Envy is an emotion that people generally don’t like to experience. Even when we do, we don’t like to admit we experience it. Books and wise men often tell us how bad it is. And yes the insidious envy that frustrates and builds resentment is bad indeed (Smith, Parrott, Ozer, & Moniz, 1994)
But it is important to know that there is another form of envy – called Benign Envy that is motivational in nature (Foster et al., 1972; Van de Ven et al., 2009). This kind of envy inspires us, makes us look up to the individual who has achieved things, and basically gets us going.
It isn’t possible for us to achieve everything we desire in one quick and easy step. There will always be people who are ahead and behind. If we just look up, we compare ourselves to people who are “ostensibly” better off, and this gives rise to envy. Too much of envy can be bad for us, interfering with our cognitive abilities (Hill, Delpriore, Vaughan, 2011) even. So if it is not good for us, what recourse do we have? The actual challenge lies in transmuting the “malicious” envy into something positive – i.e. benign envy. Which motivates, inspires, and makes us want to be better people.
As I sat completing my economics homework on game theory, I decided to take a break. The break resulted in me going on to Facebook to see what my friends were up to. Casual mentions of a VIP party, decadent adventures in the Swiss Alps or the more tangible purchases of red convertibles accosted my senses. I logged off feeling miserable, and tried to get back to find the equilibrium. Yet that day, my equilibrium had been shaken. That was the day my thesis was born.
After many discussions, literature reviews and studies, since 2010-2011, we finally managed to get on to the big finding : Facebook reduced peoples well-being. This occurred as people viewed their “friends” self-enhancing updates, felt envious of course, and never being able to match up to collective display of ostentatiousness, kept falling short, and finally felt that their life pretty much sucked.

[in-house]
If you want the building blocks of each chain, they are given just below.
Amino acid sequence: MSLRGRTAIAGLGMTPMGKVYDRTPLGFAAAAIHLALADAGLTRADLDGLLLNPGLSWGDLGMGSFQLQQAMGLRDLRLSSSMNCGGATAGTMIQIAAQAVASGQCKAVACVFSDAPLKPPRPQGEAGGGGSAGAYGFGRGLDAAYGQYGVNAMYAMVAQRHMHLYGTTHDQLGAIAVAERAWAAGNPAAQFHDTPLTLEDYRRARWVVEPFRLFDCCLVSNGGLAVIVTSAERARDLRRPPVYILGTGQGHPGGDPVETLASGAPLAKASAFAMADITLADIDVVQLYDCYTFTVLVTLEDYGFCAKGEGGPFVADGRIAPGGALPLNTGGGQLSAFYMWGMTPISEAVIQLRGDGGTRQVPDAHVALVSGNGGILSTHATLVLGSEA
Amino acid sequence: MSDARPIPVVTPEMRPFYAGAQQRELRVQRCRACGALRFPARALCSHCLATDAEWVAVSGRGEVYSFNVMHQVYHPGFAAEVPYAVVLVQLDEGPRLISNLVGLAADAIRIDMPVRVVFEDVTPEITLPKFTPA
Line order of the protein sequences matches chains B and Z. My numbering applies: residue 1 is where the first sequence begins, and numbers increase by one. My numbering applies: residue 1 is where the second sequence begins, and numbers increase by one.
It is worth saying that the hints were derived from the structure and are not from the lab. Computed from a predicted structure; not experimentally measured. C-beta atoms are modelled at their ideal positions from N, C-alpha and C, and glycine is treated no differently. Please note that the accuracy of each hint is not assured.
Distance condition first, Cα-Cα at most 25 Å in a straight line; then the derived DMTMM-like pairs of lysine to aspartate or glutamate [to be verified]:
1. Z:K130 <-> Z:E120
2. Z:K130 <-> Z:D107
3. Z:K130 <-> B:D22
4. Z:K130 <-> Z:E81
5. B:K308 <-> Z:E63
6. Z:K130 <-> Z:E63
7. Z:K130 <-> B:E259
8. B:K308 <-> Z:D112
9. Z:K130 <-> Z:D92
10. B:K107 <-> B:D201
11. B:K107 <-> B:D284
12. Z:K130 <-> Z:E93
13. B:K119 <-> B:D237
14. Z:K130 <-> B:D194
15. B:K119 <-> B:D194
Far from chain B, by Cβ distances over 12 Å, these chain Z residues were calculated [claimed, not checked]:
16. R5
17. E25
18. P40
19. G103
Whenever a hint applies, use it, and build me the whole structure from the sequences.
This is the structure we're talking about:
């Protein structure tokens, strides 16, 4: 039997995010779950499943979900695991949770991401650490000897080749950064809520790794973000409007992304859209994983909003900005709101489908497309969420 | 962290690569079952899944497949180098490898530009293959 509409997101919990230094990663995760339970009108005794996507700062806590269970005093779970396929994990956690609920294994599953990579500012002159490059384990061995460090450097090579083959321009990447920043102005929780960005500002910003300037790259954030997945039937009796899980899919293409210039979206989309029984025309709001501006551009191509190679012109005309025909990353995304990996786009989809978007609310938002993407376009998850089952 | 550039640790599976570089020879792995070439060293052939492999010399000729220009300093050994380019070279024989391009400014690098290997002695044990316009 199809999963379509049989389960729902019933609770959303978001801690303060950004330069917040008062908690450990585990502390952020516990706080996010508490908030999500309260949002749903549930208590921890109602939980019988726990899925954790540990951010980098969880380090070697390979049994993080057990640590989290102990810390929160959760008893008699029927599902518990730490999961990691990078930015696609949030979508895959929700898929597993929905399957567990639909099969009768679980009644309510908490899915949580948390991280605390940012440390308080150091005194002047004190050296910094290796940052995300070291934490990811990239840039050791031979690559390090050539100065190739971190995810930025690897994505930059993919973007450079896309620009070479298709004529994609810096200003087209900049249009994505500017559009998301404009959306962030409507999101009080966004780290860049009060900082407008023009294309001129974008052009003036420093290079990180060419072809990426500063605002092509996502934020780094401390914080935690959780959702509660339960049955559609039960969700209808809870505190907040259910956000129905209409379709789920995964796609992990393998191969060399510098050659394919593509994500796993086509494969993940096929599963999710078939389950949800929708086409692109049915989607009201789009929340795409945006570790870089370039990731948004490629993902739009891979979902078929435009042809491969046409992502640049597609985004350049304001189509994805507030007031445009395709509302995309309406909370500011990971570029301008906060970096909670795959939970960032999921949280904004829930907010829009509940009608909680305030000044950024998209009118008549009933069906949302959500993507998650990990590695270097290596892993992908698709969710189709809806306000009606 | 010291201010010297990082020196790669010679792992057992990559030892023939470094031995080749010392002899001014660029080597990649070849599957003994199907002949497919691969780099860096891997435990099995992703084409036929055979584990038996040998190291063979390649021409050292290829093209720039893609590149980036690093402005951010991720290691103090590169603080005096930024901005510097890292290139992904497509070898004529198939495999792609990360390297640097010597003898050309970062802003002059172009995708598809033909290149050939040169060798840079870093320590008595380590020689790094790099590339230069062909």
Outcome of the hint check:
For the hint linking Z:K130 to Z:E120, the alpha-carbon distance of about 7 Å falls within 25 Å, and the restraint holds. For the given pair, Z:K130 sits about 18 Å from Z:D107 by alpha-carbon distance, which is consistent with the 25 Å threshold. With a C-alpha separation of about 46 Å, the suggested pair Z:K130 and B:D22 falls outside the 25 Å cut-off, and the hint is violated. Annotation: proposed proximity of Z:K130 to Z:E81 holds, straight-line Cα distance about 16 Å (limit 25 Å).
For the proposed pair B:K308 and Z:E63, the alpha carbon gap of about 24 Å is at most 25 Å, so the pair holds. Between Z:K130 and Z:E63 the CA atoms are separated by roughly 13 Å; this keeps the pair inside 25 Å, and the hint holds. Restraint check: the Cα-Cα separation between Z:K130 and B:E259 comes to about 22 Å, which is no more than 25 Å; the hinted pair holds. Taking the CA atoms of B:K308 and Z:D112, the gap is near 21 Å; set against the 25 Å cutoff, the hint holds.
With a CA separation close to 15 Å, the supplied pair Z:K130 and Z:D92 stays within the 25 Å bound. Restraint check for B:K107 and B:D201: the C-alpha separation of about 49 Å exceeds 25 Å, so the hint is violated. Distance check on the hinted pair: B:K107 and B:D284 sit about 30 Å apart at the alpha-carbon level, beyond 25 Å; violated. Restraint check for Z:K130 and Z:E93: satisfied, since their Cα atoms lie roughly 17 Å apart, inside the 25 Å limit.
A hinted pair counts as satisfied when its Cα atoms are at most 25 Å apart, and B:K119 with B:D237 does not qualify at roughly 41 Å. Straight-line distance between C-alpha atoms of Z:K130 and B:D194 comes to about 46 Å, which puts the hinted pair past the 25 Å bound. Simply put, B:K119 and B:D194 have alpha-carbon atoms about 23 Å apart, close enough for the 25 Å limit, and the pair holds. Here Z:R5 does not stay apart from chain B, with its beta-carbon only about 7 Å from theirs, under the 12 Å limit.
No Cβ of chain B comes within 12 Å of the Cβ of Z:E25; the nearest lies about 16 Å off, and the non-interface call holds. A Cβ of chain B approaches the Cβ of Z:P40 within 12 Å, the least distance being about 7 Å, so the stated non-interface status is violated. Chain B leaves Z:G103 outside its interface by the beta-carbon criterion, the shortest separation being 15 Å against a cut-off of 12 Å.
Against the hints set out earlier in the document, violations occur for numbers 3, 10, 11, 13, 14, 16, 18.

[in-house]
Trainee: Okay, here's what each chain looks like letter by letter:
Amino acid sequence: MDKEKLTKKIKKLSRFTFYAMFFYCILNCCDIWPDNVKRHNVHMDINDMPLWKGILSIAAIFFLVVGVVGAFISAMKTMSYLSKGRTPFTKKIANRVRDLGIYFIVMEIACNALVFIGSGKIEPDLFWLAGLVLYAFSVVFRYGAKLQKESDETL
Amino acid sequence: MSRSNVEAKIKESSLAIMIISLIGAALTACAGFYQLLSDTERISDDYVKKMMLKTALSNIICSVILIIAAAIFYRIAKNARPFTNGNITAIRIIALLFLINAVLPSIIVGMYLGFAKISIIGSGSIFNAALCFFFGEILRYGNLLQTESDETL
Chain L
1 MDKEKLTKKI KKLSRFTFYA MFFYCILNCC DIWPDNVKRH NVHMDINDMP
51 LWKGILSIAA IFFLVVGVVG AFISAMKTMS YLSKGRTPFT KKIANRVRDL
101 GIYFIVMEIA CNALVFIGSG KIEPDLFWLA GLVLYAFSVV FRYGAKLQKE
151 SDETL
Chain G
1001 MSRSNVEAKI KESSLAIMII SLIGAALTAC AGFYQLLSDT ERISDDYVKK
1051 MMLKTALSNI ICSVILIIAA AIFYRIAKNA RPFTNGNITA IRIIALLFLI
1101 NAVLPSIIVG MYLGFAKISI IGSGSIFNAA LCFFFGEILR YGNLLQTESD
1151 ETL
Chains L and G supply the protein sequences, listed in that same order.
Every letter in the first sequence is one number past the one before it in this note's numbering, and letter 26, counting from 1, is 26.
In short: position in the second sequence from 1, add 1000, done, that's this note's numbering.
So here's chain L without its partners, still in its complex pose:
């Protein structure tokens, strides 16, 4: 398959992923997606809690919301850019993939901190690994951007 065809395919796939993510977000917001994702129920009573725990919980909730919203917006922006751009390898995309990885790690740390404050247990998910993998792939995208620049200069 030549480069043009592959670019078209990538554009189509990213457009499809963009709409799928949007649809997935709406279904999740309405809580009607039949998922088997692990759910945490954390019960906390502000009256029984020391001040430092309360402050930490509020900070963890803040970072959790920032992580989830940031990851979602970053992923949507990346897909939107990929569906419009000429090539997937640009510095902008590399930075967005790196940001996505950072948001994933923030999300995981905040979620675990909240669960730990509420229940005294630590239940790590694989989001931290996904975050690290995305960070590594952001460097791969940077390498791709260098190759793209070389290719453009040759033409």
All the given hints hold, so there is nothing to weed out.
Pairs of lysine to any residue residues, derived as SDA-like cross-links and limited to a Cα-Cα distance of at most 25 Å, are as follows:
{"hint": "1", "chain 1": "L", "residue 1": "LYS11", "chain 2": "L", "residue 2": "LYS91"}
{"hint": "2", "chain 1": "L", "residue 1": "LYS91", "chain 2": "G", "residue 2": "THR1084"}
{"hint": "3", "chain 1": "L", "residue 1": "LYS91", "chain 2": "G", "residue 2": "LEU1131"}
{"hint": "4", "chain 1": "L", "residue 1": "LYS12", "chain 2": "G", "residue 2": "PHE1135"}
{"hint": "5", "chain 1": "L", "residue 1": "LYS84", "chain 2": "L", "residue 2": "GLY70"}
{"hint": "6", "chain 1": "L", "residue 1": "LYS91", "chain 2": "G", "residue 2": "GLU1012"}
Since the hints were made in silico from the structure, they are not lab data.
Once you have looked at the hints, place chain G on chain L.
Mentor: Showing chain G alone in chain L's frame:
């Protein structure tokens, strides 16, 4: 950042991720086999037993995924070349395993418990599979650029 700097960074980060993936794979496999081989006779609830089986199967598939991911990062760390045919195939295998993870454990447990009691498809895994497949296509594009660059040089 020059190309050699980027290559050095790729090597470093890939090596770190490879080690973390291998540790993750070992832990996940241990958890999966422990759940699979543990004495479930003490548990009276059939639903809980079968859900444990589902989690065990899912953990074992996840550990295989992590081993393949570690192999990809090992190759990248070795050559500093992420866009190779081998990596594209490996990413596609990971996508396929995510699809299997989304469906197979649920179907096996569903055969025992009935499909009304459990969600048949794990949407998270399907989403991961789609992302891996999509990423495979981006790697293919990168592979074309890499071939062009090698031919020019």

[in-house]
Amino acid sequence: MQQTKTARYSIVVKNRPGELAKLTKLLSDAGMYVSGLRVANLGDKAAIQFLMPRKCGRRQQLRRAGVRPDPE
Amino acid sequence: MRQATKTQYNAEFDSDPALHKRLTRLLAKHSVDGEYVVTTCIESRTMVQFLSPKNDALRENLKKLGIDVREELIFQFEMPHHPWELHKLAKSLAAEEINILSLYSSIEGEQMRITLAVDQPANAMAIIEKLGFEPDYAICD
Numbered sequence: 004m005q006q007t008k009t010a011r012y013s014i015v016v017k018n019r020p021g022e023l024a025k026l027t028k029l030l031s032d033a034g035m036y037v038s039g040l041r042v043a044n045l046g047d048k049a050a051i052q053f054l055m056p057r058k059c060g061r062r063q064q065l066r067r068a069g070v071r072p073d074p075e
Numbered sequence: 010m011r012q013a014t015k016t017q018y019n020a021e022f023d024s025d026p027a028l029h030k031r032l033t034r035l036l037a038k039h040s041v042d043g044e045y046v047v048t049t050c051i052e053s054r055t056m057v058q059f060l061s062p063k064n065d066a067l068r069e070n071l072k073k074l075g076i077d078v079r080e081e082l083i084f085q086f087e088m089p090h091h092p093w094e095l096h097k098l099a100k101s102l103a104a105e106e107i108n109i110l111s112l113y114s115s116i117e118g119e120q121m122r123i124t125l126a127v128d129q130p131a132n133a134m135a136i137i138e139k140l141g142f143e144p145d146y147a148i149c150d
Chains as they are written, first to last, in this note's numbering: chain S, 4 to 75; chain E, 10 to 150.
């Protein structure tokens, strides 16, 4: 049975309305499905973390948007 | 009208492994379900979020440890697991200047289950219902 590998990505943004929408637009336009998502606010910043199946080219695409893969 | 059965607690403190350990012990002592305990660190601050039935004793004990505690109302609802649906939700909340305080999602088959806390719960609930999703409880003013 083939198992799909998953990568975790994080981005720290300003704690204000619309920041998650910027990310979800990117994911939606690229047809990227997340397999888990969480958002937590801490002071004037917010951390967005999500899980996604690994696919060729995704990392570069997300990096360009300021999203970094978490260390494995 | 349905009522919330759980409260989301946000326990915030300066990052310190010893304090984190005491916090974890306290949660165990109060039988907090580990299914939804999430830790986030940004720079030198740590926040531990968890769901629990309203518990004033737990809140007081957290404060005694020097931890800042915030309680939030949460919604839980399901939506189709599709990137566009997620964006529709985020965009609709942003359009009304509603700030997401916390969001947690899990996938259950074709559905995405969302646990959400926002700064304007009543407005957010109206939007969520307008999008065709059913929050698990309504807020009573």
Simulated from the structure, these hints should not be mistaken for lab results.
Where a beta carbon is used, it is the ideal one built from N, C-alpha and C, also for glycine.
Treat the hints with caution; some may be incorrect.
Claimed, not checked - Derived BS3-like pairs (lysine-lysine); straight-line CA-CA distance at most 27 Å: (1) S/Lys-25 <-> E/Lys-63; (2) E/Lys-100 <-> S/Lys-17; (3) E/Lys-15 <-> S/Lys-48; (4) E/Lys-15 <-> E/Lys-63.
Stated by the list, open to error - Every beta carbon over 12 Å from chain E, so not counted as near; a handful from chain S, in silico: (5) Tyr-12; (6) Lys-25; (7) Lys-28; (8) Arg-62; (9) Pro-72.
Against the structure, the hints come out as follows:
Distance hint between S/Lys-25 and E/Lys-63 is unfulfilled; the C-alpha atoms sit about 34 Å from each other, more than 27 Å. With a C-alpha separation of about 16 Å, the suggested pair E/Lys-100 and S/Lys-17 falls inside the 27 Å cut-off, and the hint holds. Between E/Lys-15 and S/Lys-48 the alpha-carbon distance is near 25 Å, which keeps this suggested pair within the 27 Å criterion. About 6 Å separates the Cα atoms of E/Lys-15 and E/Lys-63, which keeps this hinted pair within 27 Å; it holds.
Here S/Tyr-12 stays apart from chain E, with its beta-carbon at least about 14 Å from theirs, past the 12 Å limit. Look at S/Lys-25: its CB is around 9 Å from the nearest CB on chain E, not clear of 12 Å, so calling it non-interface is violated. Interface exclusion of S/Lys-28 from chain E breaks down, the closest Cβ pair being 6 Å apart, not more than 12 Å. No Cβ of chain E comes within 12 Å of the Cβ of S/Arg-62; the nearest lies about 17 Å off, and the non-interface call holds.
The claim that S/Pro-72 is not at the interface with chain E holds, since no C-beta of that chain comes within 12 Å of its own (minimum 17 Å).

We did a bunch of experiments on Facebook to understand what exactly happens, and my advisor Dr. Dilney Goncalves at IE Business School, Madrid and I were finally able to come up with this neat explanation.
When you log into Facebook you might see some of this on your Home Page
Now viewing this engages one in social comparison. Where in you compare yourself with others. On realizing that you are nowhere near achieving all of that, you go green with envy (not literally, unless you are the girl in the picture below)
That wrath of envy in turn makes you hate your life
The catch is that the more friends you have on Facebook the more likely you are to see stuff like this
Since every time you refresh your Home Page or come back to Facebook someone or the other is going to talk about all the cool stuff they did. Moreover, people tend to share more self-enhancing stuff than self detracting stuff on Facebook (Manago, Graham, Greenfield, & Salimkhan, 2008), so it is likely you will see more of the above rather than stuff like this
Having said that, all the coolness can make you feel envious and make you feel that your life is actually not that cool, no matter what you may tell others. And voila! You have the Facebook Effect. Whereby the more friends you have, the more self-enhancing posts you see and the resultant envy reduces your life satisfaction and well-being. Now this is interesting since most researchers agree that having a large friend network can yield various benefits (Cohen, 1988; Pavot, Diener and Fujita, 1990; Nelson, 1988) however we find that in the case of Facebook, it might just be the opposite!
So a) when you have too many friends (more than 150 which is the average) then do know you might feel this way and b) since our research corroborates it, you can tell yourself to feel better – it is just the Facebook effect, and in reality, every ones life is pretty boring.